Hartlepool is the fast food capital of the north east, new figures published today reveal.
New data published by Public Health England (PHE) shows how many fast food outlets, including burger bars, kebab and chip shops, are in each local authority - and also shows a ward-by-ward breakdown.
Hartlepool has 133 fast food outlets, which works out at a rate of 143.6 per 100,000 population.
And it is Victoria, which has the highest number, totalling 38.
According to Public Health figures, the number of fast food outlets in each ward of Hartlepool Borough Council is as follows:
38 - Victoria
25 - Headland and Harbour
23 - Burn Valley
10 - Jesmond
9 - Manor House, Seaton
6 - De Bruce
5 - Foggy Furze
3 - Fens and Rossmere, Hart
2 - Rural West
Nationally, the map shows that there are generally more fast food outlets in deprived areas than in more affluent areas.
In the North East the local authority with the highest density of fast food outlets per 100,000 population is Hartlepool (143.6 per 100,000 people). This contrasts with Northumberland which has the lowest density of fast food outlets (85.4 per 100,000 people).
The density of fast food outlets in local authorities in England ranges from 24 to 199 per 100,000 of the population. The national average is 88 per 100,000.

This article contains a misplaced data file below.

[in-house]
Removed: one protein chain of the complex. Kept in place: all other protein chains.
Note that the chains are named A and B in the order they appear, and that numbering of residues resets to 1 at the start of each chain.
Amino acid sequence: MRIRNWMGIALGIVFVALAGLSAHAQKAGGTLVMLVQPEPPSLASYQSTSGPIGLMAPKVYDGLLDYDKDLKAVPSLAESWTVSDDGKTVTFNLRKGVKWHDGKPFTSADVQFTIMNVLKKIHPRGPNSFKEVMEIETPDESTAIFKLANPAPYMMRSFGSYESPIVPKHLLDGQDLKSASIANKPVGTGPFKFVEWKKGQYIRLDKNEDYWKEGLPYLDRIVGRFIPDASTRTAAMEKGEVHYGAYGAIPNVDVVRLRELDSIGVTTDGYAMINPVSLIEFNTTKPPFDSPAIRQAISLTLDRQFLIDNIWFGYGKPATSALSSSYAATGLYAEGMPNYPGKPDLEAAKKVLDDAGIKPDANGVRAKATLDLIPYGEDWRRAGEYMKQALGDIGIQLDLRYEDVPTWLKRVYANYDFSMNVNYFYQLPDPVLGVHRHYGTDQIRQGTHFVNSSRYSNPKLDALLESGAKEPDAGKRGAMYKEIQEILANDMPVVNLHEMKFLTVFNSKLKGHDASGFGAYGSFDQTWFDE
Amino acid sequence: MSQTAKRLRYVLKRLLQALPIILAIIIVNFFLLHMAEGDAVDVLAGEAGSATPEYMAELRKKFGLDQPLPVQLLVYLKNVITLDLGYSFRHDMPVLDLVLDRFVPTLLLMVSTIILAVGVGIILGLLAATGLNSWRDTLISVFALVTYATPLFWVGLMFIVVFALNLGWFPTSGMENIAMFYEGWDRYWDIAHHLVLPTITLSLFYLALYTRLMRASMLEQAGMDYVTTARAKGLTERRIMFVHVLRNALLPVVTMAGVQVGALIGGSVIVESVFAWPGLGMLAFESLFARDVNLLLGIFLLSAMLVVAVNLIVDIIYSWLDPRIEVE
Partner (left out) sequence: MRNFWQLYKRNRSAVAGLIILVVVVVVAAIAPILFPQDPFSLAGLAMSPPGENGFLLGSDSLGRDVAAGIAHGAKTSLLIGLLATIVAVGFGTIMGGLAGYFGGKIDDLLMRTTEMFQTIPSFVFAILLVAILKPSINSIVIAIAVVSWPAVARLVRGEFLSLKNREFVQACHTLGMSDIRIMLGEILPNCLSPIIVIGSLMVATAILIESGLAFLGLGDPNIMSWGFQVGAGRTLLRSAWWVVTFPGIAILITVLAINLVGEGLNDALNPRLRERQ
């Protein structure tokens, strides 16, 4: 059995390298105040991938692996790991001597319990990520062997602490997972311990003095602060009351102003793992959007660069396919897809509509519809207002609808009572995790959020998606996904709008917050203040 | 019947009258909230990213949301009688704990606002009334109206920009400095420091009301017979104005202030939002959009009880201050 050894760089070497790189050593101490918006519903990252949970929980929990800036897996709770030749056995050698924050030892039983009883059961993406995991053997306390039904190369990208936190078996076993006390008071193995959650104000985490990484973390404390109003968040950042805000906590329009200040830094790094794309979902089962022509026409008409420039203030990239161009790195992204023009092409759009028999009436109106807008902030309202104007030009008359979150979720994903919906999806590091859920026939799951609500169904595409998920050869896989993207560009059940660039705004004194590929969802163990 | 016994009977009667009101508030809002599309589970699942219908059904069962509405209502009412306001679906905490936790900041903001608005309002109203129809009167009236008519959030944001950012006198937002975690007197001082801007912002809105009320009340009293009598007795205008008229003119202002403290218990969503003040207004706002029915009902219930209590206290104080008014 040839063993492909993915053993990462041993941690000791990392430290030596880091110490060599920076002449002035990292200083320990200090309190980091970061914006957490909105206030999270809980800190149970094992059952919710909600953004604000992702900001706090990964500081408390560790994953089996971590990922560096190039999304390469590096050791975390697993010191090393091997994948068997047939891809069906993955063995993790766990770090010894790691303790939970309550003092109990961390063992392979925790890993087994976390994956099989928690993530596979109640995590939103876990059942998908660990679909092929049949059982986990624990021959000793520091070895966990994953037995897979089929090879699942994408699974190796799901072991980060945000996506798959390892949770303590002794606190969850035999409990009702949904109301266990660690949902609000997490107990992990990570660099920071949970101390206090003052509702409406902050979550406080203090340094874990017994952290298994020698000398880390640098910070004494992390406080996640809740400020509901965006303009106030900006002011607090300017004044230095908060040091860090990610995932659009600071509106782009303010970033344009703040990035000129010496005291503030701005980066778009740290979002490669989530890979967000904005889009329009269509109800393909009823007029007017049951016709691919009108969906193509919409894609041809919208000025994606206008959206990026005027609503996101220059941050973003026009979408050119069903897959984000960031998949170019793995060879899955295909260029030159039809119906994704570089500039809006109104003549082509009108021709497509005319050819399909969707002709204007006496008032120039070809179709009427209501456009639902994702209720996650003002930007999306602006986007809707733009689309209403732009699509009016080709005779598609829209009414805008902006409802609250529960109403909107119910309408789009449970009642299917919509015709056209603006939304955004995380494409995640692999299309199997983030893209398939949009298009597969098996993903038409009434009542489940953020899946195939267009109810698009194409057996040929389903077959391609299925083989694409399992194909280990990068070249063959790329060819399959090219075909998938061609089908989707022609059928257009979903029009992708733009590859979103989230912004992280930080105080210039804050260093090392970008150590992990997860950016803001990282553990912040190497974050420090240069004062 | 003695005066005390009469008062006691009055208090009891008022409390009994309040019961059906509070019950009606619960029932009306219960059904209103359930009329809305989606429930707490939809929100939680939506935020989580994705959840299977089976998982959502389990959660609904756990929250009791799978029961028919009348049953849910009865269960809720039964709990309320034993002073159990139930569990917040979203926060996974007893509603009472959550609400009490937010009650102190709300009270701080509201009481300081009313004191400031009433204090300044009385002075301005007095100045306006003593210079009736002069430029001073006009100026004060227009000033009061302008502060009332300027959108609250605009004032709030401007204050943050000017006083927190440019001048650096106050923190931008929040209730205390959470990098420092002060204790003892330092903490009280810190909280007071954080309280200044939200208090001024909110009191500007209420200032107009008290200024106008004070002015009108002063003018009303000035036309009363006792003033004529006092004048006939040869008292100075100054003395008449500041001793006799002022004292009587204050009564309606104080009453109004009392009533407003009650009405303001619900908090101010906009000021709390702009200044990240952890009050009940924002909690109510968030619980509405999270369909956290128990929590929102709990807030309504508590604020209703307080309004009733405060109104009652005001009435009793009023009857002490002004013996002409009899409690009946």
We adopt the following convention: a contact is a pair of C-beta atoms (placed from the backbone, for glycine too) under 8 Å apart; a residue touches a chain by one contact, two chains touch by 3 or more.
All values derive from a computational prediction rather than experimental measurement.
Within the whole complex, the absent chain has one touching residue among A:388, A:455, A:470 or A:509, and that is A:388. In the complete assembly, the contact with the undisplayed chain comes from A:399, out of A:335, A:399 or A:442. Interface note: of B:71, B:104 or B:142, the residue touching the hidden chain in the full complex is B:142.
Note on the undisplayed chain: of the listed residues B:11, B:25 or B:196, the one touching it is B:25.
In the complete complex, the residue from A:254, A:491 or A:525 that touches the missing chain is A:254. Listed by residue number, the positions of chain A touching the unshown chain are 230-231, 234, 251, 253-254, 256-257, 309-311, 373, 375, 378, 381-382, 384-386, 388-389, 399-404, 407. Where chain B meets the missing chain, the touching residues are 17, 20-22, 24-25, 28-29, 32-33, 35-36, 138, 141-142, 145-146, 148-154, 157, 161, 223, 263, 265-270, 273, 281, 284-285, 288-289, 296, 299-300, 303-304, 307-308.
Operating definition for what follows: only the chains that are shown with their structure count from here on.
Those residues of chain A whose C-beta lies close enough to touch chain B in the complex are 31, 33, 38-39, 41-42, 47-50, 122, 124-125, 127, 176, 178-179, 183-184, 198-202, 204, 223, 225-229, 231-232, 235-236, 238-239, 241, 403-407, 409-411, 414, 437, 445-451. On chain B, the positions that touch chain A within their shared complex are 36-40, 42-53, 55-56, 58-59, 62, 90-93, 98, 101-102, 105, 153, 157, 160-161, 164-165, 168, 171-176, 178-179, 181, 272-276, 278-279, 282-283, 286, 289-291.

The regional table was:
1) Hartlepool - 133 outlets, 143.6 per 100,000 population
2) Middlesbrough - 169 outlets, 121.5 per 100,000 population
3) Darlington - 124 outlets, 117.7 per 100,000 population
4) Newcastle - 334 outlets, 115.2 per 100,000 population
5) Redcar and Cleveland - 141 outlets, 104.4 per 100,000 population
6) North Tyneside - 210 outlets, 103.6 per 100,000 population
7) South Tyneside - 153 outlets. 102.9 per 100,000 population
8) Gateshead - 199 outlets, 99.2 per 100,000 population
9) County Durham - 501 outlets, 96.8 per 100,000 population
10) Sunderland - 265 outlets, 95.7 per 100,000 population
11) Stockton-on-Tees - 182 outlets, 93.8 per 100,000 population
12) Northumberland - 270 outlets, 85.4 per 100,000 population
Professor Peter Kelly, PHE centre director for the North East said: "Over a fifth of adults and children eat takeaway meals at home more than once a week which is contributing to the nation’s obesity epidemic.
"Councils are already trying to limit new takeaways, particularly around schools, addressing this issue in very interesting ways according to their own local concerns.
"This data will be useful for local authorities to consider alongside their other public health responsibilities."